Flower and their role in world religions

For centuries, flowers have been prized in different cultures worldwide for their beauty, sweet fragrance, flavors, and medicinal properties. At one time in Europe, people even went so far as to believe that flowers were magical in nature. Over time, certain flowers have been assigned various meanings or connotations.

Today we still use flowers with these meanings in mind, to give more significance to important ceremonies, including religious traditions. Apart from real world uses, flowers can also often be found in religious art to add more symbolism and decorative aspects to an image.

Islam

Flowers generally do not feature as heavily in Islamic traditions when compared to other major religions. Roses are sometimes chosen for use in marriages or funerals, along with various palm leaves. Roses have been greatly used for their heavy perfume in Arabic and Muslim culture for a very long time. To this end, rose water is also sprinkled on new graves at the end of the ceremony.

Whole white roses are sometimes used to symbolize virtue. Jasmine is sometimes also used in funerals. Islamic artwork in religious places are usually embellished with many types of flower images and winding floral patterns. Islamic gardens designed for meditation specifically include citrus trees for their pleasant-smelling orange blossoms.

Flowers and leaves from the Henna plant are especially prized for the dark dye that is extracted and used to decorate the skin and hair. Intricate, floral or geometric henna patterns are drawn on the hands and feet of brides before the wedding as a symbol of fertility and good fortune.

Christianity

In Christian culture, flowers were once linked with decadence and paganism. Since then, ideas about flowers have changed drastically. Passion flowers are primarily used to represent Christ’s suffering and sacrifice and each part of the flower represents a different aspect of the Passion of Christ.

White flowers such as white roses and lilies are used to stand for purity. They are also sometimes used in conjunction with references to the Virgin Mary for her own purity. Red roses in Christianity stand for love or as a sign of Christ’s blood. Church altars are often decorated with bouquets or vases of flowers, especially on significant days such as Easter and Christmas. Flowers play a large role at Christian funerals, baptisms and other special personal events.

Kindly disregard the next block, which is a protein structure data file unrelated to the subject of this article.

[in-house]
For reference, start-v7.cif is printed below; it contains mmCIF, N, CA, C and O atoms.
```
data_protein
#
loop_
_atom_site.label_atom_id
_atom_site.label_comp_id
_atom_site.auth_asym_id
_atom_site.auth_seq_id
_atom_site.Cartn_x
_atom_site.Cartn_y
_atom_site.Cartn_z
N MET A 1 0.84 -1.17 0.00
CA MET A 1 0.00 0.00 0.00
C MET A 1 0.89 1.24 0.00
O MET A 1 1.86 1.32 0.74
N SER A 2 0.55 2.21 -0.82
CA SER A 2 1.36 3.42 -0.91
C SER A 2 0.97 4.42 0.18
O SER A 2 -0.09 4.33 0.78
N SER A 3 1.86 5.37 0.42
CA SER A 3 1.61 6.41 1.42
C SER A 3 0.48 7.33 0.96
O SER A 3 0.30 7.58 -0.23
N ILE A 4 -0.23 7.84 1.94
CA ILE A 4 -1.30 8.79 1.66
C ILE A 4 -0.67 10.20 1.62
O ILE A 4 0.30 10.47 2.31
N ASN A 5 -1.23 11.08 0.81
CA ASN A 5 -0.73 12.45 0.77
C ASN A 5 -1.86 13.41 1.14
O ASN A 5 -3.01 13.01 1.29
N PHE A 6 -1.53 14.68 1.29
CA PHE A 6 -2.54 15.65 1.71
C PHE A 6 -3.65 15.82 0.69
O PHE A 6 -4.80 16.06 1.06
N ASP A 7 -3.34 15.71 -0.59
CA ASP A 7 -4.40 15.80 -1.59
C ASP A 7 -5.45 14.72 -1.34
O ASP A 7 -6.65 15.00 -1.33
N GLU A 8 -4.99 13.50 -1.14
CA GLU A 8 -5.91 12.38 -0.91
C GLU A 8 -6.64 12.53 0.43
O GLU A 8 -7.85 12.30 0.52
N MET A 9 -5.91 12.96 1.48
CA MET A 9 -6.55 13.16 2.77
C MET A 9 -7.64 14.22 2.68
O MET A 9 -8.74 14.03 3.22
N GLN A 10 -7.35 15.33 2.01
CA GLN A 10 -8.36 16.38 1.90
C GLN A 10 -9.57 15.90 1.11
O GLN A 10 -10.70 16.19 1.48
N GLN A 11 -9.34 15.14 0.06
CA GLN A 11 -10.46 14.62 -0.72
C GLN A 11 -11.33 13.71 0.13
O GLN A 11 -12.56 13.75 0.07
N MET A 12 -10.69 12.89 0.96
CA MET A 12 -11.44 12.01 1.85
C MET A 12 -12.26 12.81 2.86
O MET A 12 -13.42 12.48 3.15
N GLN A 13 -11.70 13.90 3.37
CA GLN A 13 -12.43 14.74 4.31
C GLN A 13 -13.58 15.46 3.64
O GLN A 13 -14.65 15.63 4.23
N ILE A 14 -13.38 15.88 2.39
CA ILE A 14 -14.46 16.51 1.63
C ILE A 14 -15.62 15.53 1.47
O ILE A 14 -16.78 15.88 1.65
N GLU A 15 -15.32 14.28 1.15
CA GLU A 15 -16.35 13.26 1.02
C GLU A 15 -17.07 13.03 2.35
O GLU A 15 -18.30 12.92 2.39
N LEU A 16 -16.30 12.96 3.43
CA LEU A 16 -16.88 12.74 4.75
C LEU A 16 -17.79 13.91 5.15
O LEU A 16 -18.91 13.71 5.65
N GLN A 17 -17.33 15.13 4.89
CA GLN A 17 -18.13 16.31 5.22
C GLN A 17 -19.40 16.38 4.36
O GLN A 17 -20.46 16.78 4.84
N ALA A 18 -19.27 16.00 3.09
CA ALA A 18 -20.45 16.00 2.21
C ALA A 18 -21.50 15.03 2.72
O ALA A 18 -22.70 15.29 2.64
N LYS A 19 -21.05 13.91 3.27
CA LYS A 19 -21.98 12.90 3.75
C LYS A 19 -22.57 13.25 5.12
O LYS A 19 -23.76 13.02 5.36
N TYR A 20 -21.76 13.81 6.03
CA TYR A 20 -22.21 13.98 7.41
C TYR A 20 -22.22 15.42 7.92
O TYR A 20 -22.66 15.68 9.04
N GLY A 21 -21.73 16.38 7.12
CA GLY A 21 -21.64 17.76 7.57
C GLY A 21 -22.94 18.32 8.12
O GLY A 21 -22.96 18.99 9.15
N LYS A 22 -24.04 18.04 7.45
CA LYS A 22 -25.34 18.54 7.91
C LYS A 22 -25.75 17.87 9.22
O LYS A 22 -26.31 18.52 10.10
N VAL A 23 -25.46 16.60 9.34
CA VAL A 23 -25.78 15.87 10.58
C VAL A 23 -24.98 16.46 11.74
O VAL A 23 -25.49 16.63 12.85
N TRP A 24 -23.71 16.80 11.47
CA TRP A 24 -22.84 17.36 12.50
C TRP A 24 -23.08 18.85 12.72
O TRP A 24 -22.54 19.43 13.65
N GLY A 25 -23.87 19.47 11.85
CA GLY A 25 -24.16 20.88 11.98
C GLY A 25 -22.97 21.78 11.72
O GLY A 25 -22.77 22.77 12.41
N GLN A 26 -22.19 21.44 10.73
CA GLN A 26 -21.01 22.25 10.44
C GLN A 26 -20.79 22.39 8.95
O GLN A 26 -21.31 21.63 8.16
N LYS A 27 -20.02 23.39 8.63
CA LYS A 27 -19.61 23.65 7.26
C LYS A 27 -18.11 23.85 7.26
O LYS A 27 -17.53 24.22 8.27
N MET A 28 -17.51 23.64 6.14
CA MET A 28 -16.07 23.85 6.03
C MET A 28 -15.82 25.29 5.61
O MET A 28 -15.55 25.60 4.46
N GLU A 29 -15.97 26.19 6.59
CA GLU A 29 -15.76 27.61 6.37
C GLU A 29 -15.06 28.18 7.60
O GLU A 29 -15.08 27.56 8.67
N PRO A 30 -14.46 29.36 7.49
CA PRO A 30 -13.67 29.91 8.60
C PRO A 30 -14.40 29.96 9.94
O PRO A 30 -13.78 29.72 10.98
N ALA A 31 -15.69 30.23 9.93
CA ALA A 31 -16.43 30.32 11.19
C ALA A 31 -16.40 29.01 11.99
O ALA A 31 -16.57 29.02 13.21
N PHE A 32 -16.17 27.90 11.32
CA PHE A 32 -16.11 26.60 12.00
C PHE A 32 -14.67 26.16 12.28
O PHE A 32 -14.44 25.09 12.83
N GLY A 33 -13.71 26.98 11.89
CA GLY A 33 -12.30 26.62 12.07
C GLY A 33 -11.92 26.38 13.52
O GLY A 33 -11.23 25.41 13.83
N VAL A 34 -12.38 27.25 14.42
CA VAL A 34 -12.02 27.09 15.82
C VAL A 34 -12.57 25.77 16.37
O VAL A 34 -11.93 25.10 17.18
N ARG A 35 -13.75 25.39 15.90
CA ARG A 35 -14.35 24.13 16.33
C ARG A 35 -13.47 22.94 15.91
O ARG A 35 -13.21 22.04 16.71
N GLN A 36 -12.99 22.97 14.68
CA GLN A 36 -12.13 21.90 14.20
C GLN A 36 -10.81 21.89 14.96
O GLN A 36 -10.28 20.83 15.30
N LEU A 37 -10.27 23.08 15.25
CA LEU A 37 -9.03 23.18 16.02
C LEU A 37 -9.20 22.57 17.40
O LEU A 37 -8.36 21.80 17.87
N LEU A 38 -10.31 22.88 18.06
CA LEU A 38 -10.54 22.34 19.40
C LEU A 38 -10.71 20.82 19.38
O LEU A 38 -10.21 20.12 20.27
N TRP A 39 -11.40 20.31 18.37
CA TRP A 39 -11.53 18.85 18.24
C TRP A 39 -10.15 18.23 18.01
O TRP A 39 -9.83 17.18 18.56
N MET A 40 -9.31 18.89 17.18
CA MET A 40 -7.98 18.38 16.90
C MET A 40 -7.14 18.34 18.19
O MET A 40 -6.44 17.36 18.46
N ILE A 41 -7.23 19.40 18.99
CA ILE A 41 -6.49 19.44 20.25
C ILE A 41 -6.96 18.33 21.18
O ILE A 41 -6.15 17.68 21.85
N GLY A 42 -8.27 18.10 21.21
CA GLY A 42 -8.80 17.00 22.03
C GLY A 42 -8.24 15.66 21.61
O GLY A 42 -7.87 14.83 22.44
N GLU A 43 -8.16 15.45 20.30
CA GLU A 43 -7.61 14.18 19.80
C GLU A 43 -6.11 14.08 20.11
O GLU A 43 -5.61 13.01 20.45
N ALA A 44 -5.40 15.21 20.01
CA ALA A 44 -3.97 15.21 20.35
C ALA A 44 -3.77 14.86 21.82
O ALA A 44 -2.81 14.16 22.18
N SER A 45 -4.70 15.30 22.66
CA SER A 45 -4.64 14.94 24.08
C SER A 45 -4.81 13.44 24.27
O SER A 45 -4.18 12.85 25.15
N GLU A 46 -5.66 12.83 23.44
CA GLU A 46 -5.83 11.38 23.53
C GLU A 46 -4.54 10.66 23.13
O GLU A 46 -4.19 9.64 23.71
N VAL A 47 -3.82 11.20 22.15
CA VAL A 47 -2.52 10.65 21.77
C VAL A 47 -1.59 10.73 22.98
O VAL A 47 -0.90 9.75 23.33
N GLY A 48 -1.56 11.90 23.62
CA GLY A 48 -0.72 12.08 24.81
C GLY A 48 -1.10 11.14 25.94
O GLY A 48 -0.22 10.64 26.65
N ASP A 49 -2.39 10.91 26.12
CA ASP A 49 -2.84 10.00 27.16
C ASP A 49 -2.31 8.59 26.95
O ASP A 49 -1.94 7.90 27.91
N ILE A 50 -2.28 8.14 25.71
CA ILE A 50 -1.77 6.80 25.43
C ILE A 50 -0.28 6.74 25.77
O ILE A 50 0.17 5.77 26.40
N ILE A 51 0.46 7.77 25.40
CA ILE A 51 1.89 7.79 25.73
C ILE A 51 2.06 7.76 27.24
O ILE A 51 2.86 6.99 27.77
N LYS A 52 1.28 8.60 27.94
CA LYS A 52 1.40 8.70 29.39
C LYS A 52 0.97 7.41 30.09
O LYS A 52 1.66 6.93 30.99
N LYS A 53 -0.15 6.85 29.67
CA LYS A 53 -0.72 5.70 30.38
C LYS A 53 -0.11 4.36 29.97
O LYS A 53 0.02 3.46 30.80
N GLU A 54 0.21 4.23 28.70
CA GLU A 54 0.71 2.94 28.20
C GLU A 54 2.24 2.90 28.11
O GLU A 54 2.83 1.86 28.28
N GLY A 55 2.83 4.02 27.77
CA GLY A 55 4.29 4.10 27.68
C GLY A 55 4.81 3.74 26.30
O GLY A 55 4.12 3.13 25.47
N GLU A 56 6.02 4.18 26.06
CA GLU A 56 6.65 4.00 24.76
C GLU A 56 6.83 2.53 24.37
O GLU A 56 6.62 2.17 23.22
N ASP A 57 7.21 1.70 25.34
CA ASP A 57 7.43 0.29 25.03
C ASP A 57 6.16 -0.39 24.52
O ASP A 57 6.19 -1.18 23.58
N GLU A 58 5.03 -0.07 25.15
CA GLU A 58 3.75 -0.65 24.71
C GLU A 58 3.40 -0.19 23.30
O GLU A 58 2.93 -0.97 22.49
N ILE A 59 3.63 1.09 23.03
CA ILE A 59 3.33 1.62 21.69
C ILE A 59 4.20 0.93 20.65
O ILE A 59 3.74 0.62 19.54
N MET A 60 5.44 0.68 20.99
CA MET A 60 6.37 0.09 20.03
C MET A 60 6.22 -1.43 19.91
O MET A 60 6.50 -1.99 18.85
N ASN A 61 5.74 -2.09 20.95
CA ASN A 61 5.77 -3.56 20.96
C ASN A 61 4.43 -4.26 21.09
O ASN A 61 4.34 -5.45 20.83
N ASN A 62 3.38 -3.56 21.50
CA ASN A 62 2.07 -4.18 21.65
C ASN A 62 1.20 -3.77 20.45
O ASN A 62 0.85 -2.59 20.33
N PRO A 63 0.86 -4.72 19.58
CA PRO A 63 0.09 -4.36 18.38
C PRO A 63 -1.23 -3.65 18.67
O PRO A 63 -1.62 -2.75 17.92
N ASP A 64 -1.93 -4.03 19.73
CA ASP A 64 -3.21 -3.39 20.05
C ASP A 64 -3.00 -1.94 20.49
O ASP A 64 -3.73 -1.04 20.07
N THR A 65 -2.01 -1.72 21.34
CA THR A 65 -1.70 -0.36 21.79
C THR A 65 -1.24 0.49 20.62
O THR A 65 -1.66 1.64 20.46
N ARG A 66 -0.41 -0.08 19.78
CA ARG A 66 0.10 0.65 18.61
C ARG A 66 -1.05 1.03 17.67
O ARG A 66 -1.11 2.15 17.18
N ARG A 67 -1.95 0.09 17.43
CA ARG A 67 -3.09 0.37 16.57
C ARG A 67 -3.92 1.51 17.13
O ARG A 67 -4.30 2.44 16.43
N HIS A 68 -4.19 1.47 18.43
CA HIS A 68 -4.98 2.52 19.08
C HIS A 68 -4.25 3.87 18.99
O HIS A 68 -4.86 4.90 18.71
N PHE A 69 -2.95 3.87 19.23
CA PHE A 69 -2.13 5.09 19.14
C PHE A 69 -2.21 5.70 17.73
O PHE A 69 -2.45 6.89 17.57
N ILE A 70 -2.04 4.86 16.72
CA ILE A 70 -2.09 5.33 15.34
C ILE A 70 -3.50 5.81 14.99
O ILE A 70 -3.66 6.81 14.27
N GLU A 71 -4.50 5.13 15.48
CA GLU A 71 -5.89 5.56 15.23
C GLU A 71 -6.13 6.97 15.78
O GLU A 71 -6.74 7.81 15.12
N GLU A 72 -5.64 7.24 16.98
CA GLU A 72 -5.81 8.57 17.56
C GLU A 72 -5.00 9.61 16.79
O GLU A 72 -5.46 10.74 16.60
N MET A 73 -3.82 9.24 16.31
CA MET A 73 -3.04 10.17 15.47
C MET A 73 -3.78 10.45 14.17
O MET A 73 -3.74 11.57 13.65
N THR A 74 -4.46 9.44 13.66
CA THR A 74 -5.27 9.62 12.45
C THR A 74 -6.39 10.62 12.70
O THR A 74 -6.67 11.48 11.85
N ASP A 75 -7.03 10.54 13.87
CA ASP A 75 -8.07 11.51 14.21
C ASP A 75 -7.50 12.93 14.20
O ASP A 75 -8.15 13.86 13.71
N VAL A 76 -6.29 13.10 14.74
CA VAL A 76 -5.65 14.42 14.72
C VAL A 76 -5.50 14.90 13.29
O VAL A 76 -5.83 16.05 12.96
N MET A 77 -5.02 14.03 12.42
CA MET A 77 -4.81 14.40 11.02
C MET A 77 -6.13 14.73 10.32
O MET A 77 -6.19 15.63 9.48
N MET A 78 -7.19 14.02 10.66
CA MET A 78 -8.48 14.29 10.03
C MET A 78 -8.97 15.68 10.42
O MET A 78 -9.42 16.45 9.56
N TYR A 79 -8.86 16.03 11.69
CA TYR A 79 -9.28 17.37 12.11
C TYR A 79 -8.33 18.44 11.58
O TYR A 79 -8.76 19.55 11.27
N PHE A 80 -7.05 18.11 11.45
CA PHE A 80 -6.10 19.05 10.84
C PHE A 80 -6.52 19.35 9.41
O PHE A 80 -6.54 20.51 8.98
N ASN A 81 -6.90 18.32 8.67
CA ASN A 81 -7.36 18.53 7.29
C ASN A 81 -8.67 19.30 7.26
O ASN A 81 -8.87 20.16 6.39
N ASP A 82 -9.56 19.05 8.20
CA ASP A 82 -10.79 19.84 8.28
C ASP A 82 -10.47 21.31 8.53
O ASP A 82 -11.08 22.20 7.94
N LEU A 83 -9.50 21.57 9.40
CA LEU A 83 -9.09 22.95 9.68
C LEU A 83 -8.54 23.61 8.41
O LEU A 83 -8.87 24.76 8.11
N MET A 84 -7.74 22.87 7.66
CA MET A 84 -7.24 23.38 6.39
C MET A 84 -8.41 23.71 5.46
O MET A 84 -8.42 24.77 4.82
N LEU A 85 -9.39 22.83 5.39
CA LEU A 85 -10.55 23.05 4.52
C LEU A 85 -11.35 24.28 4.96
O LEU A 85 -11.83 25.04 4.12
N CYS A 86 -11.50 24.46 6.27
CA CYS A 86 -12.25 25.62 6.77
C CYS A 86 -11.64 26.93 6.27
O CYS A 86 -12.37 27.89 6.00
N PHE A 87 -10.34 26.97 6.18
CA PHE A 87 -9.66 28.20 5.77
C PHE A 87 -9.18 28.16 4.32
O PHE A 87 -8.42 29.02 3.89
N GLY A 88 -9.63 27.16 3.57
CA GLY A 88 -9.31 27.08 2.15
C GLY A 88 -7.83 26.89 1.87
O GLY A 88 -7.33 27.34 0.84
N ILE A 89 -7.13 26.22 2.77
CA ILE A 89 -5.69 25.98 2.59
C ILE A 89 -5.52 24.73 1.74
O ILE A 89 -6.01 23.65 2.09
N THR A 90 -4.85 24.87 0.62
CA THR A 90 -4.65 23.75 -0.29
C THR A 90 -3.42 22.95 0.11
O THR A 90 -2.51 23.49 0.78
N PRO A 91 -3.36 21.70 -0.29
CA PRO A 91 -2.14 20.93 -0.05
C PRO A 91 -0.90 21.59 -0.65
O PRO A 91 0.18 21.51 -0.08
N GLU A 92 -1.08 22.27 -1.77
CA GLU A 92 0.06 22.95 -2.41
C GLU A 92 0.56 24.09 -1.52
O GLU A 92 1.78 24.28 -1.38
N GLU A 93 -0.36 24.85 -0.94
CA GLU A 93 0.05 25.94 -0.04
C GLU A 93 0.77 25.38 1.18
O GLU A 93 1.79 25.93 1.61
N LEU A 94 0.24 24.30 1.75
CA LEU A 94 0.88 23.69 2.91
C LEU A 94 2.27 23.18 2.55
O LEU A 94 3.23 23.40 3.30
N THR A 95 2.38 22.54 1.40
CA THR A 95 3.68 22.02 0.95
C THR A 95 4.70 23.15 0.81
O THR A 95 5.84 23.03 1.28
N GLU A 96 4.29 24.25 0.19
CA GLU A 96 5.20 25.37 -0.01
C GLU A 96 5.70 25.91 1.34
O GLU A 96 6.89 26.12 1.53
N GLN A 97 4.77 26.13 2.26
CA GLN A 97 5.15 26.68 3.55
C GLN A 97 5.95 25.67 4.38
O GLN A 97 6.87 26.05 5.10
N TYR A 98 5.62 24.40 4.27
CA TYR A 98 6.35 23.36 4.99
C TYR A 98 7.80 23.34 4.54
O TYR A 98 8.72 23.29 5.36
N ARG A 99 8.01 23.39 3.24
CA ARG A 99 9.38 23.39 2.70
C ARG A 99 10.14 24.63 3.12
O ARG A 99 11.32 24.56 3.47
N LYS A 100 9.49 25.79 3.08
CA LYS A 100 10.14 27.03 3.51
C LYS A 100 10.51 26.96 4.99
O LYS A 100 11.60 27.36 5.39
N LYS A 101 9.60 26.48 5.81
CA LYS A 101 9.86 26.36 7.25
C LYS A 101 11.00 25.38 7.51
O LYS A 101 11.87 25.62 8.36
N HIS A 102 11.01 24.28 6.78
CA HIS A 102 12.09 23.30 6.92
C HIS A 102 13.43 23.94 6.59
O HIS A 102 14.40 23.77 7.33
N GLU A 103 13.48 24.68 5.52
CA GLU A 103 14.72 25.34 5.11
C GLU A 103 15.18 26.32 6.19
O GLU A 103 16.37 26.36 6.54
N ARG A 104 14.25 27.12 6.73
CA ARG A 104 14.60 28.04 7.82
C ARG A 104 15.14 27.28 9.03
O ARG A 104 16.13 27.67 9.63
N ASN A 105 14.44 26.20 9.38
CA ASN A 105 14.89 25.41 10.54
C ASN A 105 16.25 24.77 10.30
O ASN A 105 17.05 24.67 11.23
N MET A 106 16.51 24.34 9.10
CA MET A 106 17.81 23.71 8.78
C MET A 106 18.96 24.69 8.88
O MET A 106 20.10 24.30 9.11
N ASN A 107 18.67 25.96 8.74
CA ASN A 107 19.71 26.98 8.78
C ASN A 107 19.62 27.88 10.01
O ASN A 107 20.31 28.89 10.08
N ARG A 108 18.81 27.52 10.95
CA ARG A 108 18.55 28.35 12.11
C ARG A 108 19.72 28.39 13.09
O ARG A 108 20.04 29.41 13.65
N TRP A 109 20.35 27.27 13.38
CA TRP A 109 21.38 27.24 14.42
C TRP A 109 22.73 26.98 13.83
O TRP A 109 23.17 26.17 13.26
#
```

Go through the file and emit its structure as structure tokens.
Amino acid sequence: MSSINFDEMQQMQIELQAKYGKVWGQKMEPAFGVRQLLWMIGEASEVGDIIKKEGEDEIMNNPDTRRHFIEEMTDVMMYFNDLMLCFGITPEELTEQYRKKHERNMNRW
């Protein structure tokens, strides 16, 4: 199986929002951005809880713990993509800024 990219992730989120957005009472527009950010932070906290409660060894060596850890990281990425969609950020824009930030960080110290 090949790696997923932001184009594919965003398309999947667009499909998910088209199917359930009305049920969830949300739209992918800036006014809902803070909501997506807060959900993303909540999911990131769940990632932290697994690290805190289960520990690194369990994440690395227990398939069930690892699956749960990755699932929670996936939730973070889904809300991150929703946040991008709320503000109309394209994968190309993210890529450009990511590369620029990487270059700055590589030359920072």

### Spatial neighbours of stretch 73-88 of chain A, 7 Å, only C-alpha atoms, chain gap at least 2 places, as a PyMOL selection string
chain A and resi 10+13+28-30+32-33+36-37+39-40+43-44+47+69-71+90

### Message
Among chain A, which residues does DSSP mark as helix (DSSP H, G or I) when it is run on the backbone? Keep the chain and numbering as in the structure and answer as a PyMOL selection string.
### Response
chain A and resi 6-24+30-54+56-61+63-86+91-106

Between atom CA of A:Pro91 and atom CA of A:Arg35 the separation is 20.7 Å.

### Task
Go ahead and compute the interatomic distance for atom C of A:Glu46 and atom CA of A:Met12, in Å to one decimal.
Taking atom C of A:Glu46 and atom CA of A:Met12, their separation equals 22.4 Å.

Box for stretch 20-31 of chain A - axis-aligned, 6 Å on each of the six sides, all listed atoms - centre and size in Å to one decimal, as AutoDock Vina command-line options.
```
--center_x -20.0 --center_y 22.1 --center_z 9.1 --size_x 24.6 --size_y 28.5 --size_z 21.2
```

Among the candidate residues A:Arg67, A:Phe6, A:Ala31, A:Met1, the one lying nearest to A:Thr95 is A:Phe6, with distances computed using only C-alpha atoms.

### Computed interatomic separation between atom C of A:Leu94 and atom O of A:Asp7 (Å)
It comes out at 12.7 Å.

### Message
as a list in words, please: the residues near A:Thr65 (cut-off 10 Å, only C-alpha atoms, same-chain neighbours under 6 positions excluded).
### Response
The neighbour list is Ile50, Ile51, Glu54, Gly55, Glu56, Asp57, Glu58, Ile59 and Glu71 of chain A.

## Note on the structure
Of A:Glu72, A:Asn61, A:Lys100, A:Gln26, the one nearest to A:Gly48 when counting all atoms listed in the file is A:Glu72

Christian brides walk down the aisle with a bouquet of flowers as a token of fertility, while in earlier times it was common for them to wear a wreath or garland of flowers around their heads.

Hinduism

Flowers are considered extremely important for many reasons in Hinduism. The main Hindu prayer rites are called puja, which means “the flower act”. One of the most important flowers for Hindus is the lotus for its various associations. At the most base level, it is linked with fertility, youthfulness and beauty.

On a higher level, it is also related to divinity and piety. The Bhagavad Gita, the Hindu holy book, instructs followers to model themselves around the lotus, in order to be pure. Similarly, many other flowers also feature in other holy scripts as metaphors. Some flowers correspond to specific gods and should only be used for certain days or rituals. Special ceremonies, such as weddings and funerals often feature garlands of flowers, especially jasmine.

Where Christian weddings have a tradition of throwing rice over the newlyweds, Hindus throw fresh flower petals instead.

Buddhism

Similarly to Hinduism, Buddhism also reveres the lotus. In this religion, the lotus symbolizes the highest level that man can possibly reach in terms of spiritual elevation. More than divinity and virtue, Buddhists also regard the lotus as a metaphor for knowledge. A lot of Buddhist artwork makes use of lotus flowers to represent Buddha.

Author: Lily Calyx

Flower expert, gardening enthusiast and creative mind behind our blog.

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